The Guide to IAGSDC Convention Chapters 19-21
What's a "Grand March"?
One of the IAGSDC® Convention traditions is a presentation of all of the member clubs. This takes the form of a march, club-by-club, into a ballroom or similar large dance space, as a roster of IAGSDC® clubs is read off. Dancers generally wear their formal club uniforms for the Grand March, although it's not a requirement.
The exact format of the march varies from year to year. Some years, the clubs are presented in alphabetical order, and sometimes in order of founding. The host club for the current convention may be the first or last dancers into the room. In either case, the other IAGSDC® clubs always give the local club(s) a rousing cheer to thank them for hosting.
At the conclusion of the Grand March, the national anthems of all countries hosting IAGSDC® clubs are played and/or sung, speeches are read, announcements are made, and there's an all-together-now dance (generally at Mainstream level).
I've heard some people refer to the Grand March as a bit corny, but ... when you're marching with your club, and there are a thousand other dancers on the floor, all marching with their clubs, and people are cheering each other's clubs as they make entrances ... the Grand March feels pretty darn wonderful. It can be a real thrill to realize that you're part of a much larger group, all of whom share a common interest. (No, not sex. Square dancing.)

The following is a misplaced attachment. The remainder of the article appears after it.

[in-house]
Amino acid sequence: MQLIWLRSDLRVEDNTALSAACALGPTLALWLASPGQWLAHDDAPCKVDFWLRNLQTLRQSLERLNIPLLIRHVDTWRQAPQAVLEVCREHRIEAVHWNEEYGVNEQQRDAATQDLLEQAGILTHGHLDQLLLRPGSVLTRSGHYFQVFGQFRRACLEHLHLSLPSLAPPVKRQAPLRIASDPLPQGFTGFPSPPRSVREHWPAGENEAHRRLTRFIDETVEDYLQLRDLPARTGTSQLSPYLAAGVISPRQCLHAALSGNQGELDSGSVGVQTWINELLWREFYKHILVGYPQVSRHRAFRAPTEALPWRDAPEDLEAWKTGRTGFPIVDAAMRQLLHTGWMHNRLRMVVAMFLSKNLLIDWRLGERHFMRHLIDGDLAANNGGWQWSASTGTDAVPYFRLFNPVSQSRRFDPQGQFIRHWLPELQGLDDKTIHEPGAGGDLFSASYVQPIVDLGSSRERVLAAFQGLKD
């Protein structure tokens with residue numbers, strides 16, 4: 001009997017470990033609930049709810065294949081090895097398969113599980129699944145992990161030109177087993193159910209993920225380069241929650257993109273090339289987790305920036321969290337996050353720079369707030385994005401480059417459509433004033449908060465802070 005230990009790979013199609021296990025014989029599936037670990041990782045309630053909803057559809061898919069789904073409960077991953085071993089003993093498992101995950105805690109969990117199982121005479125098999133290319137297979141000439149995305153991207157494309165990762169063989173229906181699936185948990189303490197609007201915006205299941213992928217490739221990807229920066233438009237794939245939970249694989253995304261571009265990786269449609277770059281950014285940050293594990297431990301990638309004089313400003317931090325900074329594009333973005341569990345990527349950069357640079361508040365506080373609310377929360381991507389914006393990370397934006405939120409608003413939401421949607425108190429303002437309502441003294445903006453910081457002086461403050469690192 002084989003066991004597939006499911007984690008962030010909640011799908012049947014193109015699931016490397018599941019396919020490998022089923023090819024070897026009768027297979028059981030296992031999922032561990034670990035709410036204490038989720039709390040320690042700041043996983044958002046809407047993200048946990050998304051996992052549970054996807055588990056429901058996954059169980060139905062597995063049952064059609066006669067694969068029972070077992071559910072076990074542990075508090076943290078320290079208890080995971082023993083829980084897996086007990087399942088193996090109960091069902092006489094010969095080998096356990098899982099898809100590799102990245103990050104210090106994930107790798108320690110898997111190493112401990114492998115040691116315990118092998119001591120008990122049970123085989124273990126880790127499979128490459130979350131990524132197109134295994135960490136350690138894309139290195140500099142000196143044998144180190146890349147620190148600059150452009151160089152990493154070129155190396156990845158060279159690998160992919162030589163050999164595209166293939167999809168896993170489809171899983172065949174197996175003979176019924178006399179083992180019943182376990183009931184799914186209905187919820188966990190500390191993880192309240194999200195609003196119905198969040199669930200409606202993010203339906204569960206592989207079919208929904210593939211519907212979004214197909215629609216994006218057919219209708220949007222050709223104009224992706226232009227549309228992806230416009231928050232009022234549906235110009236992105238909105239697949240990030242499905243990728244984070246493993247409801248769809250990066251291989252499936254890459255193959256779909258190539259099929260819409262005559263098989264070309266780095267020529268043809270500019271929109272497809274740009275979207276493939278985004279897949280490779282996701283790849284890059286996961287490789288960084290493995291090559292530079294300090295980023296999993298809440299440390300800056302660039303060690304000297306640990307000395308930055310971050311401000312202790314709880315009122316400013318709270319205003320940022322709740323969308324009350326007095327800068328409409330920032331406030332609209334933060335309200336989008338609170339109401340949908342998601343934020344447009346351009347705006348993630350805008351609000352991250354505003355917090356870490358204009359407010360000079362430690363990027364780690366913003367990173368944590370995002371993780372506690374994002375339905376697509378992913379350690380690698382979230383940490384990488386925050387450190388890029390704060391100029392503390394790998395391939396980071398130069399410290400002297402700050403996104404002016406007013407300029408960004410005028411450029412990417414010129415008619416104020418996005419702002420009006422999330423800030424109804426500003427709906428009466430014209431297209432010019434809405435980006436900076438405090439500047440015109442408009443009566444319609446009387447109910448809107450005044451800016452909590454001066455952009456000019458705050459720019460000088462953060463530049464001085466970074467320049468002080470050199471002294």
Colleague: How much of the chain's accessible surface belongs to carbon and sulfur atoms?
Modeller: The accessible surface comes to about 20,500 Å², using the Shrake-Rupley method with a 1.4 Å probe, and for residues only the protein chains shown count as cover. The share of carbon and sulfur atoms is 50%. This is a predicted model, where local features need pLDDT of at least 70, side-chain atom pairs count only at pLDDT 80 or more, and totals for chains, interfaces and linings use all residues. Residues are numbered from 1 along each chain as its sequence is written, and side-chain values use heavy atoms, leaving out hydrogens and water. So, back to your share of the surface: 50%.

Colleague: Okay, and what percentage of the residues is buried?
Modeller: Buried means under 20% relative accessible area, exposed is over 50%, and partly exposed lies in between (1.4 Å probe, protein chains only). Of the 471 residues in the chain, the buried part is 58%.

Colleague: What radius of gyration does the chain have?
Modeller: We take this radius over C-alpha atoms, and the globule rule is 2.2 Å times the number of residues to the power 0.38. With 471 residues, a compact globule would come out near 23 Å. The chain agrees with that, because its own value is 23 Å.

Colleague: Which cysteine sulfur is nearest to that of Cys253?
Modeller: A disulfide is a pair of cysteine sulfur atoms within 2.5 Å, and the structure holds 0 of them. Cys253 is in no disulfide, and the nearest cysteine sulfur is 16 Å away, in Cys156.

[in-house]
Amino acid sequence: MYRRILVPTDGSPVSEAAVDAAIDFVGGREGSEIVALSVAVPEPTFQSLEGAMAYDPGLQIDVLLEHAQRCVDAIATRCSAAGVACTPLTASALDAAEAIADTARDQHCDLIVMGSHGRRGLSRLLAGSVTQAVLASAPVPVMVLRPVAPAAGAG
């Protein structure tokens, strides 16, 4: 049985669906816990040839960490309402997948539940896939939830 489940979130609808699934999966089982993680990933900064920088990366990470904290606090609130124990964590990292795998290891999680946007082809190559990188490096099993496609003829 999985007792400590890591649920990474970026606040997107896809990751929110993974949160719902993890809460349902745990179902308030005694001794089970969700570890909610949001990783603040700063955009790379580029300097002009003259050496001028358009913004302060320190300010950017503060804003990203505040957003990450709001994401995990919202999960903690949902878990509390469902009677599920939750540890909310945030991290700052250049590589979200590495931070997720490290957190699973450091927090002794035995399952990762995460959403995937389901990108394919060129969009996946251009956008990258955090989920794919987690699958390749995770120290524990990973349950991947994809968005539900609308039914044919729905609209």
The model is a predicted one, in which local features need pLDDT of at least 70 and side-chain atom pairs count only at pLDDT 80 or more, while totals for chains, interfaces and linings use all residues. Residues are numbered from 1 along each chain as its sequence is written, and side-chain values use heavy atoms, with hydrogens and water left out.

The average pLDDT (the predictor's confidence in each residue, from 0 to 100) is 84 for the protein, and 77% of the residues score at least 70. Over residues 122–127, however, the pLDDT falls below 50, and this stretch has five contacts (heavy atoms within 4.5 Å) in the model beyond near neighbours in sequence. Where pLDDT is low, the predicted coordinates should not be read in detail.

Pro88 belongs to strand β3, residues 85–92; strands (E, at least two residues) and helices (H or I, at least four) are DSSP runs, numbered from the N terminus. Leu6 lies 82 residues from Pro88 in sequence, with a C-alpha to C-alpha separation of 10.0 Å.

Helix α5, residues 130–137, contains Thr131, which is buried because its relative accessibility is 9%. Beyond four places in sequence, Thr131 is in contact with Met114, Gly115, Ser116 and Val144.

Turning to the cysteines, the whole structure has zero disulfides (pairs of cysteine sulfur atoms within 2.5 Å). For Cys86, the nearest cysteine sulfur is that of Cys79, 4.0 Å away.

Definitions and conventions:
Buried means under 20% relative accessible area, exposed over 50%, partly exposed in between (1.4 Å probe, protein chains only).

What does "WFH" or "TNP" Mean?
JP Slater from Vancouver suggested that some people may not understand these terms. These stand for "Way F***ing Hard" or "Take No Prisoners". These are special, extra-hard tips called for people who enjoy a challenge!
One of the best ways to decide if you're ready to move up to the next dance level is to try dancing a WFH/TNP tip at your current dance level. If you have relatively few problems ... you're probably ready to move up. If you're feeling shaky at a given level, you may not want to dance the WFH/TNP tip for that level.
Some dancers enjoy dancing the WFH/TNP tip for the level below their current dance level. So Plus dancers frequently will dance the WFH Mainstream tip, A2 dancers will dance the TNP Plus tip, etcetera. You'd be surprised how challenging some lower dance levels can be!
From a caller's perspective ... WFH/TNP tips are an opportunity to show dancers that any given dance level can be interesting and fun.
A variation is called "Survivor Tips", where each square that breaks down during a WFH sequence stops dancing, until only one square is left standing (well, dancing).
What is the "GCA", and what's a "GCA Tip"?
"GCA" stands for "Gay Callers Association." This is an association of square dance callers who are either LGBT and/or who call to LGBT groups. Many GCA members are also CALLERLAB members. Many straight callers are GCA members. (CALLERLAB is an international association of square dance callers, in case you were going to ask.)
The GCA also runs a popular caller school prior to each convention. Everyone from first-time beginner to seasoned pro is eligible to take the school. Note: early arrivals at Convention who are willing to dance for the calling students are very welcome and appreciated!
To provide rest breaks (and walking time between rooms) for featured staff callers, most conventions provide short calling spots (usually around 10 minutes) for GCA members to "strut their stuff" and call a warm-up/cool-down tip. This is called a "GCA Tip".
Many people make the mistake of assuming that GCA tips are called only by beginners. Not so! GCA tips are called by members with every level of experience you can imagine ... including some professional callers who simply may not have made it onto staff at a given Convention.
For more information on the GCA, see their website.